1@proudhaskeller either way would be a valid question. The general case, scored for n=3, would require more generalised code. This specific case allows for optimisations that do not apply to general n, and that's the way I chose to ask it. – trichoplax – 2015-08-04T21:24:33.920

@proudhaskeller sorry I missed the point of your comment initially - you mean someone could hardcode a string rather than submitting code that finds one. If someone did, I would downvote and raise it on meta, as I am certain that they would need to have code elsewhere that they omitted from the answer in order to find a competitive string. A valid answer requires a string

plus the code that produced it. – trichoplax – 2015-08-05T10:35:44.5032Has anyone considered approaching this problem as finding the shortest accepted string to a regular expression? It would require a LOT of reductions in the number of problems before converting to regexes, but could theoretically find a verifiably optimal solution. – Kyle McCormick – 2015-08-09T03:47:38.123

The link to the python 3 validator is dead. – NonlinearFruit – 2017-05-19T23:04:02.810

@NonlinearFruit thanks for letting me know - I've fixed the link now – trichoplax – 2017-05-19T23:16:47.863

@AlexVanLiew, if NP-complete problems can't be effectively solved, almost surely optimal solution won't be found. – rus9384 – 2017-09-13T10:40:43.167

Im excited about this puzzle. it's probably going to be one of the first things we can solve via quantum computing. you only need 2*n qbits where n is the number of instructions that you want to check. – tuskiomi – 2018-10-15T14:56:08.177

@tuskiomi so as quantum computers progress we'll get increasing lower bounds on the optimal solution until eventually we find it... – trichoplax – 2018-10-15T19:31:35.723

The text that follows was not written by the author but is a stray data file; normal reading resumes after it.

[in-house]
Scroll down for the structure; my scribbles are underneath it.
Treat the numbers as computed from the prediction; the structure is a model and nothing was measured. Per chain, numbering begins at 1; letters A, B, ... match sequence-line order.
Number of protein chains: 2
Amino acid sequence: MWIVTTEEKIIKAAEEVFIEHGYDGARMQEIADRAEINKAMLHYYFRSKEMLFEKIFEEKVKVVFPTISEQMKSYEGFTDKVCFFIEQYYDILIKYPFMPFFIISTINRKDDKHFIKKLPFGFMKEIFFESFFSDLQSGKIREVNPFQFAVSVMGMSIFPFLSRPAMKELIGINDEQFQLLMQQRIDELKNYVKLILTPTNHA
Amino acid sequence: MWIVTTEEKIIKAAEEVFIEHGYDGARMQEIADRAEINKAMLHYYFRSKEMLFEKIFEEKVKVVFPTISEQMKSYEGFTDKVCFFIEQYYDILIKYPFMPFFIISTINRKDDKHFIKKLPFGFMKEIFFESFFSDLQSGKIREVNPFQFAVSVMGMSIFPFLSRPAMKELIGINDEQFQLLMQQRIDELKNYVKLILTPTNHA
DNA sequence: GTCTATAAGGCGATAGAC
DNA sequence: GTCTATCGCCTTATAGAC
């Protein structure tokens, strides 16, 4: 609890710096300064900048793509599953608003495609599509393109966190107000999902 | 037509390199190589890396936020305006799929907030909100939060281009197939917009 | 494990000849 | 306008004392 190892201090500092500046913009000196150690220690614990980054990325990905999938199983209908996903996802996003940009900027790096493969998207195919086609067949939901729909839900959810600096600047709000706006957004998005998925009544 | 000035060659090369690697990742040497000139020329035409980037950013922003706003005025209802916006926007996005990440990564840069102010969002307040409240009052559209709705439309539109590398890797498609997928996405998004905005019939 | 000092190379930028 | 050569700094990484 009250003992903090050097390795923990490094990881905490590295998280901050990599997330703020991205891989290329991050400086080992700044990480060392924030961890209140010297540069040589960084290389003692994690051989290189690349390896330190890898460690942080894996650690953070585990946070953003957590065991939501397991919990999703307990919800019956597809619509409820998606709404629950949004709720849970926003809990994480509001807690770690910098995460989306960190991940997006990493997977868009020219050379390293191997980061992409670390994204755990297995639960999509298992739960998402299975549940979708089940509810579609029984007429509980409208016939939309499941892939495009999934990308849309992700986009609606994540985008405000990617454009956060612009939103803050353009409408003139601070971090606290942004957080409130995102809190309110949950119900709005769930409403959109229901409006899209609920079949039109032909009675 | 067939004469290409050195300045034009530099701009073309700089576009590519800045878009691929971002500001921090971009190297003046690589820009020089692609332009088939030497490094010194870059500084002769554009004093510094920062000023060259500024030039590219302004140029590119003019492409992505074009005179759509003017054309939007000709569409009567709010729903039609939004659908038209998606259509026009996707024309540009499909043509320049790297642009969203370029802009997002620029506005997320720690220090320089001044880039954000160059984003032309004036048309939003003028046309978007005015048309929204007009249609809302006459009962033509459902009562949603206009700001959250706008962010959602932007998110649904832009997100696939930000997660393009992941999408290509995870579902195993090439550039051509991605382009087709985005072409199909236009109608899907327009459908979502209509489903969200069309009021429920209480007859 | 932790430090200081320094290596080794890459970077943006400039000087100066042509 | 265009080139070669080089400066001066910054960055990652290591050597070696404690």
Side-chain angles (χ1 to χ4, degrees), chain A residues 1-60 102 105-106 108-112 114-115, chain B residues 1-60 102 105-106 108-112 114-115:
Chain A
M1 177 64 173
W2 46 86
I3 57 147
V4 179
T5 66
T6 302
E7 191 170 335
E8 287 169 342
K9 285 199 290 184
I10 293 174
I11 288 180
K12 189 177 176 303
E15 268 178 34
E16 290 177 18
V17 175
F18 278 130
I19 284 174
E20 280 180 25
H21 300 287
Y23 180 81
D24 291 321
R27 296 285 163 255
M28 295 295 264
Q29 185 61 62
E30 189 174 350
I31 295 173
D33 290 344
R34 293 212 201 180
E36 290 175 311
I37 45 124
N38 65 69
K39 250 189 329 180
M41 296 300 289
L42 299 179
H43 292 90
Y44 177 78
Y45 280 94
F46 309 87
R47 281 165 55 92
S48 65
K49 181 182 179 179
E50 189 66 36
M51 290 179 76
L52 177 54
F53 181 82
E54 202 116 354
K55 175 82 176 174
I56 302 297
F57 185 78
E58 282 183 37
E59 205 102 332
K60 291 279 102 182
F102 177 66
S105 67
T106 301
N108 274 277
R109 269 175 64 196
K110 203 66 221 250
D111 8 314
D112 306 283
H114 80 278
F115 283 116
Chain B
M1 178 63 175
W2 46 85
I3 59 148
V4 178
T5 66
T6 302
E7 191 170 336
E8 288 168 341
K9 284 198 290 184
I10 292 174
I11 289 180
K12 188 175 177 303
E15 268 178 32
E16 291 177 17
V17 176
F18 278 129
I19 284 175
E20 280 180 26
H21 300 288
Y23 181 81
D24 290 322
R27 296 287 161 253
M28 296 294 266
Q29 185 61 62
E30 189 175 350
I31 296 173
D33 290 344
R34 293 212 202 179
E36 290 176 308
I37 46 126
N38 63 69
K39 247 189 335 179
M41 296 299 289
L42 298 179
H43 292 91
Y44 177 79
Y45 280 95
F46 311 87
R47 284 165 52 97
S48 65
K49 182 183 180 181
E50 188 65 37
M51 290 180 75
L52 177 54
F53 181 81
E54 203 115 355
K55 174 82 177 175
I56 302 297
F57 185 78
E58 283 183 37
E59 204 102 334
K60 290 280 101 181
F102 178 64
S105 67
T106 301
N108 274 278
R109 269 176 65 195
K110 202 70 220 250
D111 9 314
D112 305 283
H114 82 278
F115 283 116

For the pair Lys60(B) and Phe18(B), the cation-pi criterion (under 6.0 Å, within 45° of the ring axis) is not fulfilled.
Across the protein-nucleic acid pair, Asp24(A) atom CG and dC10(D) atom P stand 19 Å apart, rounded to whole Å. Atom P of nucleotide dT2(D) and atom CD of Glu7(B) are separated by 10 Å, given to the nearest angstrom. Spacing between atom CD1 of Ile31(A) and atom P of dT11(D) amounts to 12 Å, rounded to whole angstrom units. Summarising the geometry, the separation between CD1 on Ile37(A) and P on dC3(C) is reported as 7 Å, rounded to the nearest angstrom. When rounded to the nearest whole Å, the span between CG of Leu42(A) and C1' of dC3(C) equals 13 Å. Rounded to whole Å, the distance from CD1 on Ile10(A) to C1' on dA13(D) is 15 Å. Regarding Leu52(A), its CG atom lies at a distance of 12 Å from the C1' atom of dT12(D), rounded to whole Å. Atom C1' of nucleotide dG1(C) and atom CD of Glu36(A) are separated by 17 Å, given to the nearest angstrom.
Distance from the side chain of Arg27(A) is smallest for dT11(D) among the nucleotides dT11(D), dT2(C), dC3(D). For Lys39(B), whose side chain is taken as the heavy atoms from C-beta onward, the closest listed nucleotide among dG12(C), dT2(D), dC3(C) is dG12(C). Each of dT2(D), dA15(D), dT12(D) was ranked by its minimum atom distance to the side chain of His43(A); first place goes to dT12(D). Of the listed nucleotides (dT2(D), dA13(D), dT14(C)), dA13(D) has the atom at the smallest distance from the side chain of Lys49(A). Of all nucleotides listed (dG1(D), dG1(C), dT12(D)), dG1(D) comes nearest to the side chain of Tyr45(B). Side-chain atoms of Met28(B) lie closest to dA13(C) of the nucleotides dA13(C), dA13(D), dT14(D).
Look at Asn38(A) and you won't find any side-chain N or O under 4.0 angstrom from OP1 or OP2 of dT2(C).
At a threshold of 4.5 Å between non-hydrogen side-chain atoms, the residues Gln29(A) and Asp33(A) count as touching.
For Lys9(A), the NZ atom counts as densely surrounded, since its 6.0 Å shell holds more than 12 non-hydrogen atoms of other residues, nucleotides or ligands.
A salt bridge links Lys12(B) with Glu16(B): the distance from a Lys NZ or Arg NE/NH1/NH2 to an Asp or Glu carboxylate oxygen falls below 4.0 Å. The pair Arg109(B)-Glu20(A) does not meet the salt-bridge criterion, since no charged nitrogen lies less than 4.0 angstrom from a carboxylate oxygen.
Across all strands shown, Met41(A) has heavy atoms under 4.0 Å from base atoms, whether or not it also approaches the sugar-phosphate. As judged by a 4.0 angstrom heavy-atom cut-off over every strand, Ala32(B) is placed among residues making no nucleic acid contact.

@trichoplax yep, and then (given an average computational time), we would only need to perform 2 checks per Qbit. it's very computationally lax for a quantum computer, but for a classical machine, it's very hard to do, even with current technology. – tuskiomi – 2018-10-15T19:36:19.757

Can we call out to the validator you've written, in our code? – Stackstuck – 2019-03-25T16:42:02.553

@Stackstuck this is not code-golf, so you can include my validator directly in your code - there's no need to make it short. However, the validator is intended for checking a single solution with human readable output - it isn't fast enough to check large numbers of candidates in a practical time. Go ahead and use and modify it however you wish, but the existing answers managed to find ways of optimising this check dramatically, so looking at them will probably be more useful than looking at mine... :) – trichoplax – 2019-03-25T21:36:49.393

Yeah, I have absolutely

noidea how they're doing it. I was just planning on exhaustively searching. – Stackstuck – 2019-03-26T02:10:38.590